Class system back for 2020
by John Furgele, Harness Racing 228
Buffalo Raceway kicks of its 79th season on Wed. Jan 29 and I hope I’m not the only one excited for the 66-day meet that will run through July 18.
Until April 3, the track will race on Wednesdays and Saturdays and then Fridays will be added and like last year, the class system will be used. Races will be classified as Open and Class A, B, C or D, This worked well for the track last year and racing secretary Tom Agosti sees no reason to alter it for 2020.
The condition sheet for opening night is posted on the Buffalo Raceway website and while this is not official, it’s almost a certainty.
There are 12 races on tap for the 29th; the open paces and trots have purses of $13,000 and there are two scheduled—an open pace for fillies and mares and an open trot.
Purses are subject to change but for now, they will race as follows:
Class AA: $11,000
Class A: $10,000
Class B: $8,400
Class C: $6,400
Class D: $4,400
The premise is simple—do well, move up; struggle move down. As always discretion lies with the racing secretary, but the goal is to cash as many checks as possible. Winning is always important, but sometimes, moving up, placing and showing in a higher class might be more lucrative. In simple math, a second place in a Class A race earns $2,500, while winning a Class D race grosses $2,200. That said, the odds of a Class D horse making it to Class A is few and far between, but that’s the stuff of dreams, right?
Some racing secretaries don’t like the Class concept and there are more that dislike the Speed Rating index, which many say takes all creativity away from those who write races.
At Buffalo last year, if a horse won a Class C race, they were moved up a level for their next race. If a horse can’t crack the top three in three consecutive races, they are allowed to move down one class.
Think about that—if your horse goes fourth, fourth and fourth in three consecutive $8,400 Class B races, they’ll earn $2,016, but will be afforded the opportunity to drop to Class C, where the races are run for $6,400. It does create some angst, but that’s what actuarial science is for.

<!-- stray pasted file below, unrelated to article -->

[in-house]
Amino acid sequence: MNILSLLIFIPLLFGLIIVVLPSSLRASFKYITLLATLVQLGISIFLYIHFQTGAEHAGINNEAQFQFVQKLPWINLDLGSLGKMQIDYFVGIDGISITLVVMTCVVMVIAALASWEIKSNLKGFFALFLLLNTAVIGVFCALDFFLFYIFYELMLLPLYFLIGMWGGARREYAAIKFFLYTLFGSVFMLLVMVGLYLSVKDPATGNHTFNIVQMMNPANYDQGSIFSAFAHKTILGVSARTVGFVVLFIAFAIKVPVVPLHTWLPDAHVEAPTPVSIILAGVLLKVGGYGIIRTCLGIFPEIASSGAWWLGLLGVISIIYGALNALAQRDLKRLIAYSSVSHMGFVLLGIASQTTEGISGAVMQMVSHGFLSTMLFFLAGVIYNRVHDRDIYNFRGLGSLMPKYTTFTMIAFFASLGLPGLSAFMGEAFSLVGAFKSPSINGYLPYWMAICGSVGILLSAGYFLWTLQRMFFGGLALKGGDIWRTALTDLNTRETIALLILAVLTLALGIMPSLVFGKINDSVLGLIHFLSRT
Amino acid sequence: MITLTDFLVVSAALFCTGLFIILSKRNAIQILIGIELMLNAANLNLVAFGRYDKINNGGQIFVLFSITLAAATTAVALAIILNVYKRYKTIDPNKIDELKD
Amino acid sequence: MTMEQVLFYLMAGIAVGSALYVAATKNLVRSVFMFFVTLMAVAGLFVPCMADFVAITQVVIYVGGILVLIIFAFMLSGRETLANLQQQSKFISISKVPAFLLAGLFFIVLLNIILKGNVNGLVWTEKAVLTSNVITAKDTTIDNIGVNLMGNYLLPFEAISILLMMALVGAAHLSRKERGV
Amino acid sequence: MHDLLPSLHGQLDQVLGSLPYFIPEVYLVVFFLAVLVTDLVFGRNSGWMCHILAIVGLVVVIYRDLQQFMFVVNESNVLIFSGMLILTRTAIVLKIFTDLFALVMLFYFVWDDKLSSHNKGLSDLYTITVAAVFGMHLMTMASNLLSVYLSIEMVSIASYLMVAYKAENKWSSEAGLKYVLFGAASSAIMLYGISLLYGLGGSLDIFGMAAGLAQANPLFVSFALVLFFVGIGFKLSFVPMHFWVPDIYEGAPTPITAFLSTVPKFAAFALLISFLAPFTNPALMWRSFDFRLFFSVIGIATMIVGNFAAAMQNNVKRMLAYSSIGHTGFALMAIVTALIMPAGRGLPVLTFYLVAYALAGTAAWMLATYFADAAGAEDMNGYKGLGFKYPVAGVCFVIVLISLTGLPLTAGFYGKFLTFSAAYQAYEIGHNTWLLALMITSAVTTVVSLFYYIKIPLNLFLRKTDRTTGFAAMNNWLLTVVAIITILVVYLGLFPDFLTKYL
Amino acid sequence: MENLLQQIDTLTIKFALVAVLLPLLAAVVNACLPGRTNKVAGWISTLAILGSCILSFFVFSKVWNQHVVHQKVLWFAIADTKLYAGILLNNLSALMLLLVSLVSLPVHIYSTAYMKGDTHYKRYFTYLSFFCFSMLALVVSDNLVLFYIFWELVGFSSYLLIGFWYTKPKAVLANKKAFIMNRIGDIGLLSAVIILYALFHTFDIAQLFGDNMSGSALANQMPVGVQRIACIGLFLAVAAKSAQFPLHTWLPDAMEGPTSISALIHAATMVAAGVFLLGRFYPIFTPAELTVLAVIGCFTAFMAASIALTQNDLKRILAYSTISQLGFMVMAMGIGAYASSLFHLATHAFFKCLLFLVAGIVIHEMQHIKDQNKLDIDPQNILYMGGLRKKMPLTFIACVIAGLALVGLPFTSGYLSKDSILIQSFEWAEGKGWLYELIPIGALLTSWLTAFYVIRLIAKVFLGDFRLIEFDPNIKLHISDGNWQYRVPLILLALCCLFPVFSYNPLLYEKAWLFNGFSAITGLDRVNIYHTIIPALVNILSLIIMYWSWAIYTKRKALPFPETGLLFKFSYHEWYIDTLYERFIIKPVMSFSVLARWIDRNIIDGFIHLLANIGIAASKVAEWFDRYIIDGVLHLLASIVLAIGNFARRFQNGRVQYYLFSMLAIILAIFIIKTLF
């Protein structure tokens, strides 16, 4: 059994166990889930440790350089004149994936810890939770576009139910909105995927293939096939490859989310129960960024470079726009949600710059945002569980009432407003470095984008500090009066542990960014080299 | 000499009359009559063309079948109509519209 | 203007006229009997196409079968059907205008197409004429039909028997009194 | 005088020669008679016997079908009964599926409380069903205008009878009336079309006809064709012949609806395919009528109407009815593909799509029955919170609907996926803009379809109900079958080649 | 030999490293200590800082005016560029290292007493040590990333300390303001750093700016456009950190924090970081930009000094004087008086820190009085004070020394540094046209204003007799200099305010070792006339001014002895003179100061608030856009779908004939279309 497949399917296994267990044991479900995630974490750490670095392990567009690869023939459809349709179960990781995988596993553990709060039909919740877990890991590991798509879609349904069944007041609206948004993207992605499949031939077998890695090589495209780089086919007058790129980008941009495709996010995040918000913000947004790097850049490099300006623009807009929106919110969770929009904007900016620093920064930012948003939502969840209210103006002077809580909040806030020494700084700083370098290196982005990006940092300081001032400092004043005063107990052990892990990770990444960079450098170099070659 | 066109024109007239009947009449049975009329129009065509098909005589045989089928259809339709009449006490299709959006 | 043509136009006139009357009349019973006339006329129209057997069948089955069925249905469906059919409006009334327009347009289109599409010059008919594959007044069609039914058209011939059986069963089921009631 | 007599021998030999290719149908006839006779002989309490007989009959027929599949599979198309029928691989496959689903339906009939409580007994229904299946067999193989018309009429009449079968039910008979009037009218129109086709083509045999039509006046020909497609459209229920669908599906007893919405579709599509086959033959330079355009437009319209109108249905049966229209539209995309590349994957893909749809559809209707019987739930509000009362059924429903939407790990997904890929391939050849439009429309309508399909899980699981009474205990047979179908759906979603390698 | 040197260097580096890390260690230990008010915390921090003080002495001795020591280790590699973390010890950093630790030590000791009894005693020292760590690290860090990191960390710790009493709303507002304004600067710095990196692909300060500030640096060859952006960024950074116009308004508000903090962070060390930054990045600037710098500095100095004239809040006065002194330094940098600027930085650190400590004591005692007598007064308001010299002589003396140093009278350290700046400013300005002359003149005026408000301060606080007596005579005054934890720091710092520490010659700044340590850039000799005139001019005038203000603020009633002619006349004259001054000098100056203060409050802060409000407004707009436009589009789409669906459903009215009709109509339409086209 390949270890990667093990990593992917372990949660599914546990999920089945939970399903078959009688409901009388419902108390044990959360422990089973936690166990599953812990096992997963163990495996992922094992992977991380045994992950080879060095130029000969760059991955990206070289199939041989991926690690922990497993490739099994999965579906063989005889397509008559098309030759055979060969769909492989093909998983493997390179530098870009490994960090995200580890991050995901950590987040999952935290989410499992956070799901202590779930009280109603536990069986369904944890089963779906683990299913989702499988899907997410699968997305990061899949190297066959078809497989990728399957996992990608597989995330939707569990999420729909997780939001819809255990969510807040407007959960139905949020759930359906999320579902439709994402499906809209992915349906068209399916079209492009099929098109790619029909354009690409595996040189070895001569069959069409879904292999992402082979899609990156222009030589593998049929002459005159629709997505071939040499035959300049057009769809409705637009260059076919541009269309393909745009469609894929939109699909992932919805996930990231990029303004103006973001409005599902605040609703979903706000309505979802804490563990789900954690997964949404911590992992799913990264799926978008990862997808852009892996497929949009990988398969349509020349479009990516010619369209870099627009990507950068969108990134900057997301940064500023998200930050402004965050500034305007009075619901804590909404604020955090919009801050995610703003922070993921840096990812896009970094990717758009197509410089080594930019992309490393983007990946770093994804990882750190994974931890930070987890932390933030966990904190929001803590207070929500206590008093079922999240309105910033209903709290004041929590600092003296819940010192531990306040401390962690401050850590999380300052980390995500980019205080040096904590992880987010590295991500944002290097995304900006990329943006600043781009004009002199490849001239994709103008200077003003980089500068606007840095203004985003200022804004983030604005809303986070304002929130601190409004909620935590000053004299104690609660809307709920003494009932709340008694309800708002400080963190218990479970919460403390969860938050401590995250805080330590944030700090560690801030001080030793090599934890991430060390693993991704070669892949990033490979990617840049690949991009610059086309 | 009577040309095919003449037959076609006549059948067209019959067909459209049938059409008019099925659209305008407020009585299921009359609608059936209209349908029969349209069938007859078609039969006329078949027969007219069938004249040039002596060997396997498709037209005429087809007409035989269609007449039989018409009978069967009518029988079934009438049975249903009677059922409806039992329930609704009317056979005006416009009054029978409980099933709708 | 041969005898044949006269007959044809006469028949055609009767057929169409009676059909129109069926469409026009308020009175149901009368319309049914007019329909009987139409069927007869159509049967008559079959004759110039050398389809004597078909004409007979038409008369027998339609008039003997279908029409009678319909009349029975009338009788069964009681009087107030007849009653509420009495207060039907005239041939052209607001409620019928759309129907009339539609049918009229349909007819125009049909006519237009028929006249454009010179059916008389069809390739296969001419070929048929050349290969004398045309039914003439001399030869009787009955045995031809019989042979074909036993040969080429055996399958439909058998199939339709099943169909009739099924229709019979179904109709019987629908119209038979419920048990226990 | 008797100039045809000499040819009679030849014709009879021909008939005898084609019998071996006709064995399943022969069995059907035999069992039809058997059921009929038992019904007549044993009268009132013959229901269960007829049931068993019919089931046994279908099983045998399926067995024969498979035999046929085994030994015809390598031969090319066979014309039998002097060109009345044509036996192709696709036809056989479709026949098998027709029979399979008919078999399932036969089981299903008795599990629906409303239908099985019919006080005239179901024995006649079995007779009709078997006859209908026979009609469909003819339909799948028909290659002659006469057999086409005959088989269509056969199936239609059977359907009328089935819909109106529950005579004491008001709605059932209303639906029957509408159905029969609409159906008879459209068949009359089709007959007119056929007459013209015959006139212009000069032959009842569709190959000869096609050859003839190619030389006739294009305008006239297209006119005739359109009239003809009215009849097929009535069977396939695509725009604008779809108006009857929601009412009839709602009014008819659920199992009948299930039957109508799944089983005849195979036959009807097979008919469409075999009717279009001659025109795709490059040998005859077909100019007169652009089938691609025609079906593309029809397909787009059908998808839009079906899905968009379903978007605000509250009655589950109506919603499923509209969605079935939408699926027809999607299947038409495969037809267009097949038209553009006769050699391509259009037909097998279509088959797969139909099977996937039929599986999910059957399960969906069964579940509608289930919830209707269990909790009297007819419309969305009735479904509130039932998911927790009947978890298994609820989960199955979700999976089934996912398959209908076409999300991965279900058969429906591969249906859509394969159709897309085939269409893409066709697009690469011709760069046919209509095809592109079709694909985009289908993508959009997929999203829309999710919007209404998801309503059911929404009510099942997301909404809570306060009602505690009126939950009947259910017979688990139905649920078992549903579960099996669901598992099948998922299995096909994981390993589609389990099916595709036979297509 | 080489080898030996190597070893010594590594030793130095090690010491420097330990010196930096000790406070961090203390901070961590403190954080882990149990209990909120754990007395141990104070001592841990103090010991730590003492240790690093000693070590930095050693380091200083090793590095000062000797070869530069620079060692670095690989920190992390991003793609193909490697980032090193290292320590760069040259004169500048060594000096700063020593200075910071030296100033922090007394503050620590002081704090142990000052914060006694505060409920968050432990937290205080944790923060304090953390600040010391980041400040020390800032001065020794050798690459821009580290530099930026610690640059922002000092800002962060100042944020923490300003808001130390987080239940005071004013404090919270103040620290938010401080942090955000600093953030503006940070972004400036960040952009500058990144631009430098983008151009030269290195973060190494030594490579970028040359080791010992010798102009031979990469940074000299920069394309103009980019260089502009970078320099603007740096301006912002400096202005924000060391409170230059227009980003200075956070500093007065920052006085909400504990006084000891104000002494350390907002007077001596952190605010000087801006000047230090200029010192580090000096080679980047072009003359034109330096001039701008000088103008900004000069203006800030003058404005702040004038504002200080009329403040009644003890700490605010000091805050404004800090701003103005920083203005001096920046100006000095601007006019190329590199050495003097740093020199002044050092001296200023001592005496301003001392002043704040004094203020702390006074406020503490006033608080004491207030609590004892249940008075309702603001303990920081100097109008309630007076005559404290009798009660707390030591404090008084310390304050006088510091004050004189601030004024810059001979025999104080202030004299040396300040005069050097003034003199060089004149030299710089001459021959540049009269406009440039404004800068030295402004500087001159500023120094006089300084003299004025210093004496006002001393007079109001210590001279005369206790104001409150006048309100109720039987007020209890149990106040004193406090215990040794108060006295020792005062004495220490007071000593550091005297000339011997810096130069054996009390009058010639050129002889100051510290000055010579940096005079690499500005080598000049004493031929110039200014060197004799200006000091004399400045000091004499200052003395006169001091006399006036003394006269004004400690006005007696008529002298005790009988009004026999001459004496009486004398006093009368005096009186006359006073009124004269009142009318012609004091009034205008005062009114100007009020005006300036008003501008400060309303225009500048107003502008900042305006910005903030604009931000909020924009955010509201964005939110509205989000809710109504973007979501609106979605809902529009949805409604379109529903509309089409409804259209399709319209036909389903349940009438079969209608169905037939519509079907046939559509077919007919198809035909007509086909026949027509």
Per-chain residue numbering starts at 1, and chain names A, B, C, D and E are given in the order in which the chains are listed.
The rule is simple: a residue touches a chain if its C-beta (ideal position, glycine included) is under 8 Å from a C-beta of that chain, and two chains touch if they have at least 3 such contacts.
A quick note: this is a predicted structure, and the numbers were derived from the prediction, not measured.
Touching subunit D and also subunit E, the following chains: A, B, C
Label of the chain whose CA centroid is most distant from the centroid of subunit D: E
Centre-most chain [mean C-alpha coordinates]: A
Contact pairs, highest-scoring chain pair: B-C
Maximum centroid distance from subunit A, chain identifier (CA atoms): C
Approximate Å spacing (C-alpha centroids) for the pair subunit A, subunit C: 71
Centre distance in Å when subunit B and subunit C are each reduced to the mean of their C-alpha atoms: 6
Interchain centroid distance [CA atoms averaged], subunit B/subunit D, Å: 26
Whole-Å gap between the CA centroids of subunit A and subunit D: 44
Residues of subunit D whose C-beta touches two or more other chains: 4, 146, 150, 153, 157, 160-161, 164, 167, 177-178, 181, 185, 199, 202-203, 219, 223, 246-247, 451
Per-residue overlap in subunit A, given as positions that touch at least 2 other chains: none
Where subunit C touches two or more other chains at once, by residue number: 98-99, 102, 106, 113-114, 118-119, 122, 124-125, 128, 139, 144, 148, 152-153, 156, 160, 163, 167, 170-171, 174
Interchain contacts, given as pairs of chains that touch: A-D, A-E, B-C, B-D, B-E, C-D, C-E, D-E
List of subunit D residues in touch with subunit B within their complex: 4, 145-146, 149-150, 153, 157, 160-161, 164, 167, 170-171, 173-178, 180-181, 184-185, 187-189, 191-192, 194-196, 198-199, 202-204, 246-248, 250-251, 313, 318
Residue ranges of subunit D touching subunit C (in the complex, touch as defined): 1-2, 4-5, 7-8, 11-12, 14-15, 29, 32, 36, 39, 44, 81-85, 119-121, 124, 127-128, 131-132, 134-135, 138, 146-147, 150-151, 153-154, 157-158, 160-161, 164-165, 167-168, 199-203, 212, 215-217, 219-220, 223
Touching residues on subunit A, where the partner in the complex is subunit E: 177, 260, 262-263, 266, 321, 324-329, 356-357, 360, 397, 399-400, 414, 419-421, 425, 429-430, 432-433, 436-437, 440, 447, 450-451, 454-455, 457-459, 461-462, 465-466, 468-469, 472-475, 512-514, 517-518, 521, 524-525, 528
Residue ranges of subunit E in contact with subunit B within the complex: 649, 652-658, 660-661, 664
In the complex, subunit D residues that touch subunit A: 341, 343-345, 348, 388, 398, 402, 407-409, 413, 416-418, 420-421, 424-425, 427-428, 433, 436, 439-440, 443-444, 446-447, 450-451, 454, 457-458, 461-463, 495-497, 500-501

There are two Western New York harness tracks—Buffalo and Batavia—and each writes races differently. The same horses compete at both tracks, but Batavia will have opens and the old NW750L5 (non-winners of $750 over last 5 races) style while Buffalo uses the Class A-D system.
Many class races will be claiming; for example on the Sat, Feb 1 card, there is a AA claiming race with the claiming price being $25,000. If you’re looking to claim a horse, you might want to begin with those racing in Class D; they can be claimed for just $4,000. Class B horses can be claimed for $12,500, with the price for Class C set at $7,500.
Most races–but not all–will use the Class system. On that Saturday card, there is a race that reads like this.
Winners of 3 but no more than 5 (F&M 6) PM races LT AE NW $25,000, purse $6,000
What does that really mean? Well, it took me a while, but now, I understand about 94 percent of it. This is a race for horses/geldings that have won three, four or five times with fillies being allowed to have six wins. The PM stands for pari-mutuel, which means that these are races that allow betting. The LT AE simply means that if a horse has never won $25,000 in their lifetime, they can enter. In that case, you may have a horse with more than five or six wins, but not more than $25,000 in career earnings.
Now—and I’m being serious—which system do you like better? There are pros and cons to each and Buffalo seems to be leaning towards Class over earnings as they move forward.
At the end of the day, the bettor doesn’t really worry about it. They will read the form, study past performances and do their handicapping and wagering. After a few weeks, they’ll know which horses, drivers and trainers are hot and which are not. It’s that easy—study the form, make your bets and bring home the bacon.
At Buffalo, the bacon starts sizzling this Wednesday.